Planking continues today.

The deck is 8mm thick, using paulownia wood of moderate density, lower density wood will be used for the internal panels.

The approximate volume of this 19 foot pintailed surfboard is 170 litres at 2.5 inches thick.

11' er I shaped with ice green tint and glass on Daniel Partch single fin. Ready to go in a box and get shipped out.

For the Groms

This weekend a buddy of mine Greg asked me to help out with his foundation called The Arc Project.  It's a surf camp/ministry for kids, and man they were stoked!  I am not sure who was more amped, the groms catching their first wave, or the surfers who were pushing them in.  It was all smiles, and pure stoke.


New 7'6 Joy in the racks at the shop.

European Fish Fry 2010

DATE: 25th September 2010

come and share your experience...

One of the most interesting events in the alternative surfboard design calendar is the Fish Fry, this year it will take place on September 25th in Versilia, Italy. The event is open to every inquisitive surfer and every shaper, so you’re bringing your very first board or your 10,000th board your welcome to participate in this annual event.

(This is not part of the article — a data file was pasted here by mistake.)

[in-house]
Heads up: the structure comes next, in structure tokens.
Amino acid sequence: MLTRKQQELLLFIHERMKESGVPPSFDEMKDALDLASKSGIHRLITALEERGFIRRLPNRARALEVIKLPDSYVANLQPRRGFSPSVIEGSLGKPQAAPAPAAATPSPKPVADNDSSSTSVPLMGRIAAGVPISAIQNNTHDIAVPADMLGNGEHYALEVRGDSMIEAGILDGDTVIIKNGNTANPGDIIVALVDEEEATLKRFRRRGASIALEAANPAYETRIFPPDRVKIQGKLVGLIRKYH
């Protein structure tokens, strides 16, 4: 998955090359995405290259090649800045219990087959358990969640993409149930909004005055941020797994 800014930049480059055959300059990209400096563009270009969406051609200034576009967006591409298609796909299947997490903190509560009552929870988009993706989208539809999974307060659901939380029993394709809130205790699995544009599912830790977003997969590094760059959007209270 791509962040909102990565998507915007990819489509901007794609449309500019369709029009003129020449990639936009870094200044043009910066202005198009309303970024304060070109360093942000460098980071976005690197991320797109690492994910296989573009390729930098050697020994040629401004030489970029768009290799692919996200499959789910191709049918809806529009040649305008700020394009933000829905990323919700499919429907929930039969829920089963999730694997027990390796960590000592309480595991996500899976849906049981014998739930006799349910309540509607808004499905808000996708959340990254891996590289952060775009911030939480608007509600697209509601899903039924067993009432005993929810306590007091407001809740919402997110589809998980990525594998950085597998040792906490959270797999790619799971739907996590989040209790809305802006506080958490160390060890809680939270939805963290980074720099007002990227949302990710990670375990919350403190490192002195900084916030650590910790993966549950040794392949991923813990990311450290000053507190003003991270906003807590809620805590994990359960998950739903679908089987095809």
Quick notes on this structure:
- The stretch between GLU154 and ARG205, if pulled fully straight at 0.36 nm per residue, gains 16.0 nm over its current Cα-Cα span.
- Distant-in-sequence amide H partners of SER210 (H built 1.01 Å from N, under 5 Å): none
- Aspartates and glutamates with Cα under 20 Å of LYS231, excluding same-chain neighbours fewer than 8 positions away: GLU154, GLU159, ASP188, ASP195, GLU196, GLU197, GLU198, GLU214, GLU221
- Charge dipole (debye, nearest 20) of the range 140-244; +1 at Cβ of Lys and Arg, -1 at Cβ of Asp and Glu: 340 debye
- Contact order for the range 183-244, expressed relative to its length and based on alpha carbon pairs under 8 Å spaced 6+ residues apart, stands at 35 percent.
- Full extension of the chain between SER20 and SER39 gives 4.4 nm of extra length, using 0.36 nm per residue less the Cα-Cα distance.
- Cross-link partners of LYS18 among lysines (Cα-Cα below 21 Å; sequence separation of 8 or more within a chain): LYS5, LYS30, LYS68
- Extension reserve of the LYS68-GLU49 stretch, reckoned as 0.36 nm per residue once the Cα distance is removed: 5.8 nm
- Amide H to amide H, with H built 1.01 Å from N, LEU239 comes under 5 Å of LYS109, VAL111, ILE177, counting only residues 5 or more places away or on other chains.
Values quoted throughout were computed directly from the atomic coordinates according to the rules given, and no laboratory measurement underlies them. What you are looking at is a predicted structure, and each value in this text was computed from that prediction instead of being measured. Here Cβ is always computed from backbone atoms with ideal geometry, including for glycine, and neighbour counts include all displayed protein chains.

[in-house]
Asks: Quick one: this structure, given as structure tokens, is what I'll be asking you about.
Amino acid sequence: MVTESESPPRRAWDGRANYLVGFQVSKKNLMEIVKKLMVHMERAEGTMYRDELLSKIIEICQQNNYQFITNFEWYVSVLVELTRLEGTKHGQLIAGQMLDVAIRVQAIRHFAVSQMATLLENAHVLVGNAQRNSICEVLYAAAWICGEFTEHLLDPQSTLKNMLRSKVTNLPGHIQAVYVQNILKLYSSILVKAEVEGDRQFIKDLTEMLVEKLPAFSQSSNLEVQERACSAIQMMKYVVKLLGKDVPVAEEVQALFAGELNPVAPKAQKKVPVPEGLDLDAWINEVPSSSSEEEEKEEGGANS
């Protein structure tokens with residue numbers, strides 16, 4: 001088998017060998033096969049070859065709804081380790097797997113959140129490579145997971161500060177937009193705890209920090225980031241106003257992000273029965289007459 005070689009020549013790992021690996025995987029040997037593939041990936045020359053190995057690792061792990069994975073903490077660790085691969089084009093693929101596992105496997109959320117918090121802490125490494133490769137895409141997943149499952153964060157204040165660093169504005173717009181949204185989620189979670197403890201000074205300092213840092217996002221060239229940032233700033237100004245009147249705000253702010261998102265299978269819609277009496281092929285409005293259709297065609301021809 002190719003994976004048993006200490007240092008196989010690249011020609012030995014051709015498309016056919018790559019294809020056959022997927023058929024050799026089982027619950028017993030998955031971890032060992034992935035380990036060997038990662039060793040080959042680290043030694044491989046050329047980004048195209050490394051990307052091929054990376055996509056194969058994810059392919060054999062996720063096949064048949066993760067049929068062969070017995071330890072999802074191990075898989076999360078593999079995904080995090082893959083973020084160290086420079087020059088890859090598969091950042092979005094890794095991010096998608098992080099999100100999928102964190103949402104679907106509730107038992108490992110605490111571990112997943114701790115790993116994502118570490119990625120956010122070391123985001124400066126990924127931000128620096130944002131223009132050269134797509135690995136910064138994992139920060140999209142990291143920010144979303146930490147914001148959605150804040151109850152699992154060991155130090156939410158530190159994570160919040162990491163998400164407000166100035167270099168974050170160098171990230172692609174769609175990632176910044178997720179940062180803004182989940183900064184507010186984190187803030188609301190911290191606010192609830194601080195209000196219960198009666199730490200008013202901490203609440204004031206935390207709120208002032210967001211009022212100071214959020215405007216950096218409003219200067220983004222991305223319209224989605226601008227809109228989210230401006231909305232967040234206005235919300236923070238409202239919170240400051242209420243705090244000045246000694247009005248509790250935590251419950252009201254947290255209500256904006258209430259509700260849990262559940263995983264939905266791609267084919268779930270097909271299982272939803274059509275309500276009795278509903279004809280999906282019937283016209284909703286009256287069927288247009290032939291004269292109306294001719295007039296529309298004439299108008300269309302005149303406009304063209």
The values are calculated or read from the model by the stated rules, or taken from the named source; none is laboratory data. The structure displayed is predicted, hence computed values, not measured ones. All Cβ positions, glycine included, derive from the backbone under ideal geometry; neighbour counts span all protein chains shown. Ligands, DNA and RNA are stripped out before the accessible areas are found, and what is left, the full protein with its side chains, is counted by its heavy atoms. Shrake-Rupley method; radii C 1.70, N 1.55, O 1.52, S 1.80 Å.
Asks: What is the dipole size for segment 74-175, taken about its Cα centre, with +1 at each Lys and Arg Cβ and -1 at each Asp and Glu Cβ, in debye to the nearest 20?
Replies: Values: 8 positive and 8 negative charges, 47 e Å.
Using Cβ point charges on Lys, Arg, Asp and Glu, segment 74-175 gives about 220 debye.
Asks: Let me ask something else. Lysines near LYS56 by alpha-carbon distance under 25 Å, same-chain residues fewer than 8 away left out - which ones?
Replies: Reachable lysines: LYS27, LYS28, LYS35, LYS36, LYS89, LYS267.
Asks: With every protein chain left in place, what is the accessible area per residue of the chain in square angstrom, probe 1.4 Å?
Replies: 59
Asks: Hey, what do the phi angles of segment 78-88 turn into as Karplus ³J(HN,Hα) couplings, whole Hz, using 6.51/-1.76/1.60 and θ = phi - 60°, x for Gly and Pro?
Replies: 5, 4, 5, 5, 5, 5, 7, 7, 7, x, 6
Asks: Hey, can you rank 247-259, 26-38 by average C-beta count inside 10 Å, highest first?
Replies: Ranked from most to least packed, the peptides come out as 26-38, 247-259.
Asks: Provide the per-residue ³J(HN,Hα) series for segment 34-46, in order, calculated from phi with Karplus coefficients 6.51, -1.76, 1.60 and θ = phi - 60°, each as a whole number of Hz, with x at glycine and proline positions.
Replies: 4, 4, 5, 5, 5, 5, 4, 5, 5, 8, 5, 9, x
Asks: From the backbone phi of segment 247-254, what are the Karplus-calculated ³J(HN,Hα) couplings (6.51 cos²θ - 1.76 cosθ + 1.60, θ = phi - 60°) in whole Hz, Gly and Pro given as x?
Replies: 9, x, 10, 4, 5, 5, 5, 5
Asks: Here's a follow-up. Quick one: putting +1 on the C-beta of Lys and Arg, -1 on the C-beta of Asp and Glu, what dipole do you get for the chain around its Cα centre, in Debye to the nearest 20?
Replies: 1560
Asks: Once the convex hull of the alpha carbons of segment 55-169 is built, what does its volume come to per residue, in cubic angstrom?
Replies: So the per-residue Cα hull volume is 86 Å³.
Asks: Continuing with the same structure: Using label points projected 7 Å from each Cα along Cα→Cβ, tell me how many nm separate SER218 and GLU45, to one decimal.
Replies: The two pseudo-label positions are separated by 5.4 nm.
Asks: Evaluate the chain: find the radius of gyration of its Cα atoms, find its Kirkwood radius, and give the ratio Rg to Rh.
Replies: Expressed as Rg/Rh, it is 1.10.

This event opens a window to the underground surf culture, allowing Italian “afishionados” to spend some time with other like minded surfers from all over Europe and the USA to experiment and share there knowledge, designs and interpretations of the “fish” .

The Fish Fry started in California 2002. The idea was to spread the design and to avoid it getting lost in time. The results have been very positive; the growing interest in the fish design has spread the event overseas to places like Australia, Japan and Europe.

For 30 years, the “Fish” design has fascinated many surfers and artisans because of its shape, performance and feeling transmitted to the surfer. Some surfers consider it a mythic design and for the cultural atmosphere the boards have created transforming it into a cult object.

The Fish Fry gathering will be on 25th September in VERSILIA (TUSCANY NORTHERN COAST), midday BBQ with a couple of trips to the Canary Islands to be drawn among those present offered by friends from Kamalahouse, who have a surfhouse in Fuerteventura.
We are hoping for good weather, there will be an open party on that Saturday Night on the beach near the Fry.
Rich Pavel shaping clinic and fish discussing on 24th Sept, the day before the fry, at OLA SURFBOARDS labs (owner Michele Puliti) in Pietrasanta (LU).